Zita, an innocently precocious gosling, can’t find common ground with the tradition of marching in step down to the pond in the morning.
And who can blame Zita? Not only does Igor, the leader of the flock, have them goose-stepping, but there’s a whiff of the jackboot, too. Zita is out of step, and Igor soon calls her out. Zita wants to respond that she isn’t used to marching in step (and what’s the point anyway), but Igor just kicks Zita out of the parade. Back in the farmyard, Zita splashes through the puddles in dismay. “Why am I not like the other geese? One, two; one, two; They are always so obedient and so focused!” Well, Zita’s not. Dumont shapes Zita to be vulnerable and a bit subversive and sets her down in a very inviting French farmyard surrounded by a rolling landscape, all painted in saturated colors that have a chalky softness. As Zita mopes rhythmically about the yard—“splash sniff splash and splash again sniff splash”—the other animals start to listen. They pick up on her Charlie Parker bebop and join in. Woodpecker, rooster, turkey, sheep (“That beat’s enough to uncurl a sheep’s wool!”) add their own syncopated vibes and make their way, Mardi Gras style, down to the pond—where all the other geese (except Igor) join in.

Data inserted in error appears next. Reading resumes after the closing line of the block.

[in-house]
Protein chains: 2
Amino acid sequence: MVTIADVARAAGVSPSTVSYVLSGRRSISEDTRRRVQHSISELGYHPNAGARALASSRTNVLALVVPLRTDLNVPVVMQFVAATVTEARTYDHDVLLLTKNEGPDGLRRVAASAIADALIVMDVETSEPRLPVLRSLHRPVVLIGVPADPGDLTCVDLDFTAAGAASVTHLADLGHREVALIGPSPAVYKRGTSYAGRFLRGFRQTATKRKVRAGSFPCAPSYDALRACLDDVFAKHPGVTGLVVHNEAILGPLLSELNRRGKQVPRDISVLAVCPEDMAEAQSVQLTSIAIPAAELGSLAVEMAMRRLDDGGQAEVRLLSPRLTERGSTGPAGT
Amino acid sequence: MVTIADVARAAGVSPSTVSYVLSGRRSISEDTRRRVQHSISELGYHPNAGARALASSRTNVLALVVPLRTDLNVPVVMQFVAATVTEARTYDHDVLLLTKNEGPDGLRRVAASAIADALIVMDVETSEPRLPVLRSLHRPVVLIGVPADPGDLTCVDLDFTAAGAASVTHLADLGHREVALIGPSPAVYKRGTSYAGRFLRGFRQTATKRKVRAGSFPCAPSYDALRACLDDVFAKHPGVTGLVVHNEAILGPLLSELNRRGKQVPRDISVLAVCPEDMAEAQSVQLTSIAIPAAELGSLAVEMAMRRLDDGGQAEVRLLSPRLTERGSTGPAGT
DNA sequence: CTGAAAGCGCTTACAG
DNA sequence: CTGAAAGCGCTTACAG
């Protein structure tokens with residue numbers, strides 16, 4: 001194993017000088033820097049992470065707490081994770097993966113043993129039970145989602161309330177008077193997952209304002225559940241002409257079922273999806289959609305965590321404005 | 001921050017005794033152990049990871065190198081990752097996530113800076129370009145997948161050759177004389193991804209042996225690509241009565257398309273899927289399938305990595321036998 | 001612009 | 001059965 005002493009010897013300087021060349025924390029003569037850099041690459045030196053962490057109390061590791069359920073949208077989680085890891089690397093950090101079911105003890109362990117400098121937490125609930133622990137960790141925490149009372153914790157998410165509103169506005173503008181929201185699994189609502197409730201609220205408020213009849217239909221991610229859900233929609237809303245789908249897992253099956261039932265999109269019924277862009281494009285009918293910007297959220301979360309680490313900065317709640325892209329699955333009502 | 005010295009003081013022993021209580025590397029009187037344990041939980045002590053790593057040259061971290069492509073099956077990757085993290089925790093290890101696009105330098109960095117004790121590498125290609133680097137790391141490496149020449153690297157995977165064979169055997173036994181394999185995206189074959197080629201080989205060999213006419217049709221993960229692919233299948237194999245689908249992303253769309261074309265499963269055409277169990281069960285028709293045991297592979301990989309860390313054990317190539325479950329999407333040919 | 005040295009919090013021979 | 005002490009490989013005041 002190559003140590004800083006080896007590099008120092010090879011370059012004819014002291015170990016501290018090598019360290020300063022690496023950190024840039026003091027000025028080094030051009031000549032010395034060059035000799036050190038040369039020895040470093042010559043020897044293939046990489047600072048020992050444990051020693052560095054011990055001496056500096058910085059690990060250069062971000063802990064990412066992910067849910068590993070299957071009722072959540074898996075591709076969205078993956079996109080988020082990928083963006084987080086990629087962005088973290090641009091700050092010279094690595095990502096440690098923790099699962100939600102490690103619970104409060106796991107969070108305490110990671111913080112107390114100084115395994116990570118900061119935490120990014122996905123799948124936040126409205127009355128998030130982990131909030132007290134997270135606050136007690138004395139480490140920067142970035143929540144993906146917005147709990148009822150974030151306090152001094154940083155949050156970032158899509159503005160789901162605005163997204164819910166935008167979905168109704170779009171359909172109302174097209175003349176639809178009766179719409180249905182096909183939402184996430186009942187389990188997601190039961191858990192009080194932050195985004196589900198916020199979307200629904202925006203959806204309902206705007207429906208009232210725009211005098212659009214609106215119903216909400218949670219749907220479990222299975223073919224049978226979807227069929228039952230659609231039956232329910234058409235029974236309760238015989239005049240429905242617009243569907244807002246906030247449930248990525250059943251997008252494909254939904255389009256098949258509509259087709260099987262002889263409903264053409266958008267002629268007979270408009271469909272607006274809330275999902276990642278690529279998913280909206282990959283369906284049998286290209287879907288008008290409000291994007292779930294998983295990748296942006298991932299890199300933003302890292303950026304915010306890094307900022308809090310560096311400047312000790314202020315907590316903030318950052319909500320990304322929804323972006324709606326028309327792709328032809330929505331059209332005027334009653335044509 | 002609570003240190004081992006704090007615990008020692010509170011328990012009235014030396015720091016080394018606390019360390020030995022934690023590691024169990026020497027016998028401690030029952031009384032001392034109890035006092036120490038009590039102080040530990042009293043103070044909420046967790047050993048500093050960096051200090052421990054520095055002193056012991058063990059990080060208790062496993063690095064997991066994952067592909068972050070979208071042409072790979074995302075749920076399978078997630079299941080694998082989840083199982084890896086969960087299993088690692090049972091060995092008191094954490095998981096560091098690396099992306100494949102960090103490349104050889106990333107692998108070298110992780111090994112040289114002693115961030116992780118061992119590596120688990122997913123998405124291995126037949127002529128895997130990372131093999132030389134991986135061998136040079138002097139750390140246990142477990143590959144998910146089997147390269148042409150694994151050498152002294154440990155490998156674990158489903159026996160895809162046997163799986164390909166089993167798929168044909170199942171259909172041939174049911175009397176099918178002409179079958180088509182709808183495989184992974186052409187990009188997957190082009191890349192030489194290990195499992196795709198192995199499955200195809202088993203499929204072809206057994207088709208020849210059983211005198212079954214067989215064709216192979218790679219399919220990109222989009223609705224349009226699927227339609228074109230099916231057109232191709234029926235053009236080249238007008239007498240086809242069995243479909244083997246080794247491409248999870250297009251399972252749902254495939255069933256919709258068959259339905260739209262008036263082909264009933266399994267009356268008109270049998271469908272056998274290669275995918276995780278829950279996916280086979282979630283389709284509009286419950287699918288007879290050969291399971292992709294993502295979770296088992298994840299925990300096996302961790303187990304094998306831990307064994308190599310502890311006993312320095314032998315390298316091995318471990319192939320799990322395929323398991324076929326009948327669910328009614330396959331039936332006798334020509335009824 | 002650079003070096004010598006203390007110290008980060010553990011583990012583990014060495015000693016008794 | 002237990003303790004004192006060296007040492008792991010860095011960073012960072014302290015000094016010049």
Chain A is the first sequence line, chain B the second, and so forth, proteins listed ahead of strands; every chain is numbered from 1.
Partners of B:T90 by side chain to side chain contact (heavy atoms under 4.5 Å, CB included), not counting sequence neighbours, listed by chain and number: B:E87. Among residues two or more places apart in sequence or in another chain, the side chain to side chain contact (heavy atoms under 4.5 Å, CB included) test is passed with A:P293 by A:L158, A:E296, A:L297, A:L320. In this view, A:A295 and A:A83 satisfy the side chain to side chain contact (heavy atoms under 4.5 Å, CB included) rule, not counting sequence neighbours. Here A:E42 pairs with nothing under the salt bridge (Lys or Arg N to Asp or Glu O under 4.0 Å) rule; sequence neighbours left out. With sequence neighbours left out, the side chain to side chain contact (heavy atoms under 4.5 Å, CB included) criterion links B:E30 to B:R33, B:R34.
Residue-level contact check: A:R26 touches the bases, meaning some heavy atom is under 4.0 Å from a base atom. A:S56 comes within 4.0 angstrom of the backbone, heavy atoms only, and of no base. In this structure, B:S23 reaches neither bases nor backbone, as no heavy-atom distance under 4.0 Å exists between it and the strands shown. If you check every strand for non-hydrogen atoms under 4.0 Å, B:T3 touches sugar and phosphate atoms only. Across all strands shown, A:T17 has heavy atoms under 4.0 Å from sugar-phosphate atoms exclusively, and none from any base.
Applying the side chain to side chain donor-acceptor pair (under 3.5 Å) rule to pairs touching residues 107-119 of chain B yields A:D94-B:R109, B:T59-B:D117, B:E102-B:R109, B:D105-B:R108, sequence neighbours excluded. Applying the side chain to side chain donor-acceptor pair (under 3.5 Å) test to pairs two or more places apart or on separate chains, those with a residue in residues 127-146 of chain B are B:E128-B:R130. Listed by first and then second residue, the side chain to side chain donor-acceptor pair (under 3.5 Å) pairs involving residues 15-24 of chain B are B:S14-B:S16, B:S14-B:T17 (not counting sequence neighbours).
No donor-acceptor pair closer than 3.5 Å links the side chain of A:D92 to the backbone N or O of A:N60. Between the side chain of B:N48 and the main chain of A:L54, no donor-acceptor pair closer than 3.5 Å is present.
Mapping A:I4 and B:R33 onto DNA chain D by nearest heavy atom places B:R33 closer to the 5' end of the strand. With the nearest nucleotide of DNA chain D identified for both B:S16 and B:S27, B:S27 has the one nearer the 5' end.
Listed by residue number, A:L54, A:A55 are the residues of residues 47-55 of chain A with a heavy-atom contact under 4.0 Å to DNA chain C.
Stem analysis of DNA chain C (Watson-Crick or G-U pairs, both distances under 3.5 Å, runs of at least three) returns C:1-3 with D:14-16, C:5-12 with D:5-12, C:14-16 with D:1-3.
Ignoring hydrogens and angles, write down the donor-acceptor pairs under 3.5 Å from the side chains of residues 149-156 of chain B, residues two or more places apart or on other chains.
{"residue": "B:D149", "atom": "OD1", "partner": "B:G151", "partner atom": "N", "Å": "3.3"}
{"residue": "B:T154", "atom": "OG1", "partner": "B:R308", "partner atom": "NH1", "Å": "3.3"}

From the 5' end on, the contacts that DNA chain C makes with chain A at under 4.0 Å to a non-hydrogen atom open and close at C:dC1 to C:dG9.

A jazzy, eye-catching take on the ancient beat of the distant drummer. (Picture book. 4-8)